High Time For The Alex Smith Experiment To End

Fred Q. MoonlightContributor IJanuary 7, 2010

PHILADELPHIA - DECEMBER 20:  Alex Smith #11 of the San Francisco 49ers looks on against the Philadelphia Eagles at Lincoln Financial Field on December 20, 2009 in Philadelphia, Pennsylvania.  (Photo by Nick Laham/Getty Images)
Nick Laham/Getty Images

ex⋅per⋅i⋅ment [n. ik-sper-uh-muhnt; v. ek-sper-uh-ment]  
–noun 1. a test, trial, or tentative procedure; an act or operation for the purpose of discovering something unknown or of testing a principle, supposition, etc.: a chemical experiment; a teaching experiment; an experiment in living.
2. the conducting of such operations; experimentation: a product that is the result of long experiment.
3. Obsolete. experience.

–verb (used without object) 4. to try or test, esp. in order to discover or prove something: to experiment with a new procedure.


Once again, San Francisco finds themselves at home for the forthcoming playoffs, a yearly trend beginning with the empowerment of the York clan. Despite bold predictions by the teams GM and head coach, the 49ers are precisely where they ought to be at the conclusion of the NFL regular season. Where their Faithful have been. For years.

Parked in front of the T.V., remote in hand. Snacks at the ready. The family dog has wisely left the living room in anticipation of loud noises and projectiles originating from the vicinity of the throne. Women and children have fortuitously escaped to the relative tranquility of strip malls, coffee houses and bumper to bumper traffic to escape the vulgar display preparing to unfold.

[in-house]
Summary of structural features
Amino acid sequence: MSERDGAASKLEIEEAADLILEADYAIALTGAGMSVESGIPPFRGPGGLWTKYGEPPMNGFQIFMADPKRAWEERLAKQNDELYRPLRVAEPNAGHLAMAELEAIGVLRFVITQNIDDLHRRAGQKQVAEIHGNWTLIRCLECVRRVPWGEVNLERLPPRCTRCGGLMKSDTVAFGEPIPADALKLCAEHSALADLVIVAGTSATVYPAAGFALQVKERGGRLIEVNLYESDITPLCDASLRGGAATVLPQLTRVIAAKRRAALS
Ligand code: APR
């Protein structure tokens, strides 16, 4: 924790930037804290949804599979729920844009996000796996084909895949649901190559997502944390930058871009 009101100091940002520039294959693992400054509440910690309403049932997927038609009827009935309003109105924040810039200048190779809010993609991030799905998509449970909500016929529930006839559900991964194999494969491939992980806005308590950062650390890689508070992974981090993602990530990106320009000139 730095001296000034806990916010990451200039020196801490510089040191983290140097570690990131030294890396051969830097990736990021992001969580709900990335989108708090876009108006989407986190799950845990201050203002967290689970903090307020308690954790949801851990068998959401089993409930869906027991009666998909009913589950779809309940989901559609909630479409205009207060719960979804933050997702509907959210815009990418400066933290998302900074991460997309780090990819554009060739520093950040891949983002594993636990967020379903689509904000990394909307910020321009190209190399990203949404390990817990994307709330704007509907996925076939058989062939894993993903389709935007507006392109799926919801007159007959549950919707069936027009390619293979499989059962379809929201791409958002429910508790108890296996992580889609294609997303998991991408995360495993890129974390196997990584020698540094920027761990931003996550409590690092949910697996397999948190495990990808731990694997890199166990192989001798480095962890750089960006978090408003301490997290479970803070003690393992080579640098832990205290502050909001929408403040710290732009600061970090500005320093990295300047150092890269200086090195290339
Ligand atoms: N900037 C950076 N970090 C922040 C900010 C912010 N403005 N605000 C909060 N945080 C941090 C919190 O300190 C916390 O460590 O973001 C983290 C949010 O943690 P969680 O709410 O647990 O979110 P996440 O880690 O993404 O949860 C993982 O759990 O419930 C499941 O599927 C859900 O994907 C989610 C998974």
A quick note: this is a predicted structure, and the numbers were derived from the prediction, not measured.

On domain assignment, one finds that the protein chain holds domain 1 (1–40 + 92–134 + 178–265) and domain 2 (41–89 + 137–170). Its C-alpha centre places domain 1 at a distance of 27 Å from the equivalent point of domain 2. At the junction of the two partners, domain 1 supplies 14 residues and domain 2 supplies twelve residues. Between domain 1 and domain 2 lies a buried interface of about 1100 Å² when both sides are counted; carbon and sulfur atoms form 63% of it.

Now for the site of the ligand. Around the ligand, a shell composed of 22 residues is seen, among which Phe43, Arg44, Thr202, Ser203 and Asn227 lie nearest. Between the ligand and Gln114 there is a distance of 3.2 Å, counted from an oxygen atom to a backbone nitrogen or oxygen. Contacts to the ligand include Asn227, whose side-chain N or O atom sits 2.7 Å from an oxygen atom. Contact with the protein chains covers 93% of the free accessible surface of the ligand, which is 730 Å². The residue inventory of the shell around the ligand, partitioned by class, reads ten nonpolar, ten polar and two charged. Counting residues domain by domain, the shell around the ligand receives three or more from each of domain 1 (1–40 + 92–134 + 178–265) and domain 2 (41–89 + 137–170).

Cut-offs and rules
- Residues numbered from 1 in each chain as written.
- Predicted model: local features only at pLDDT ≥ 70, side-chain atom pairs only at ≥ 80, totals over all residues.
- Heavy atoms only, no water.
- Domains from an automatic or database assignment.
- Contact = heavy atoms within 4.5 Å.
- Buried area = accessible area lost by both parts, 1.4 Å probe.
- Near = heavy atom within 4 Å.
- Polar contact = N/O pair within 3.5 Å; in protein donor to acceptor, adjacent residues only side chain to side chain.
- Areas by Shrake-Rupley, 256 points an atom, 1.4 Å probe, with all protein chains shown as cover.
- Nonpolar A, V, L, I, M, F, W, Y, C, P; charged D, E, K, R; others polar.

Over the course of the season there has been an abundance of speculation on whether or not Alex Smith could lead the 49ers out of the wilderness and back to respectability. Myopic Smith apologists, A.K.A. "SmithBots" (thanks Orion) are quick to point out his skewed stats, many of which were padded in garbage time scenarios when the opponent had the contest in the bag. And the age old argument that "The stats don't lie" often fails to address the 3rd down conversion rate, as well as the "vs. quality opponent" numbers that Smith has produced this year, and in his tenure.

Others blame the offensive line. The lack of continuity at the offensive coordinator position. Turnovers. Drops. Injuries.......(insert your alibi here). Spin it any way you like, but Smith is a bust. Whatever intangibles are necessary to separate himself from any potential competitor for his position have not been revealed to date. And years down the road it has become apparent that he may have never possessed the qualities required to lead a rebuilding team in it's search for an identity. Or even consistent play, for that matter.

There is plenty of conjecture regarding the ownership and management retaining Smith's services to justify his draft status and potential. Having the opportunity to release him but instead choosing to retain him (albeit for less ducats) seems to reinforce these opinions. Throwing money at a problem is an unusual choice for the team, known for it's thrift since the demise of the DeBartolo era.

Sure, Smith is known to be an intelligent, nice guy. But "anal", to quote Raye. And I'm a firm believer in Lombardi's philosophy on "nice guys", and where they finish. Shaun Hill is another nice guy who has shown class after being unceremoniously yanked in favor of Smith. Neither is the answer to the question that has been asked since the departure of Garcia, yet another nice guy. If that requires one less nice guy chosen in the upcoming draft, I hope a real dbag of a quarterback is picked.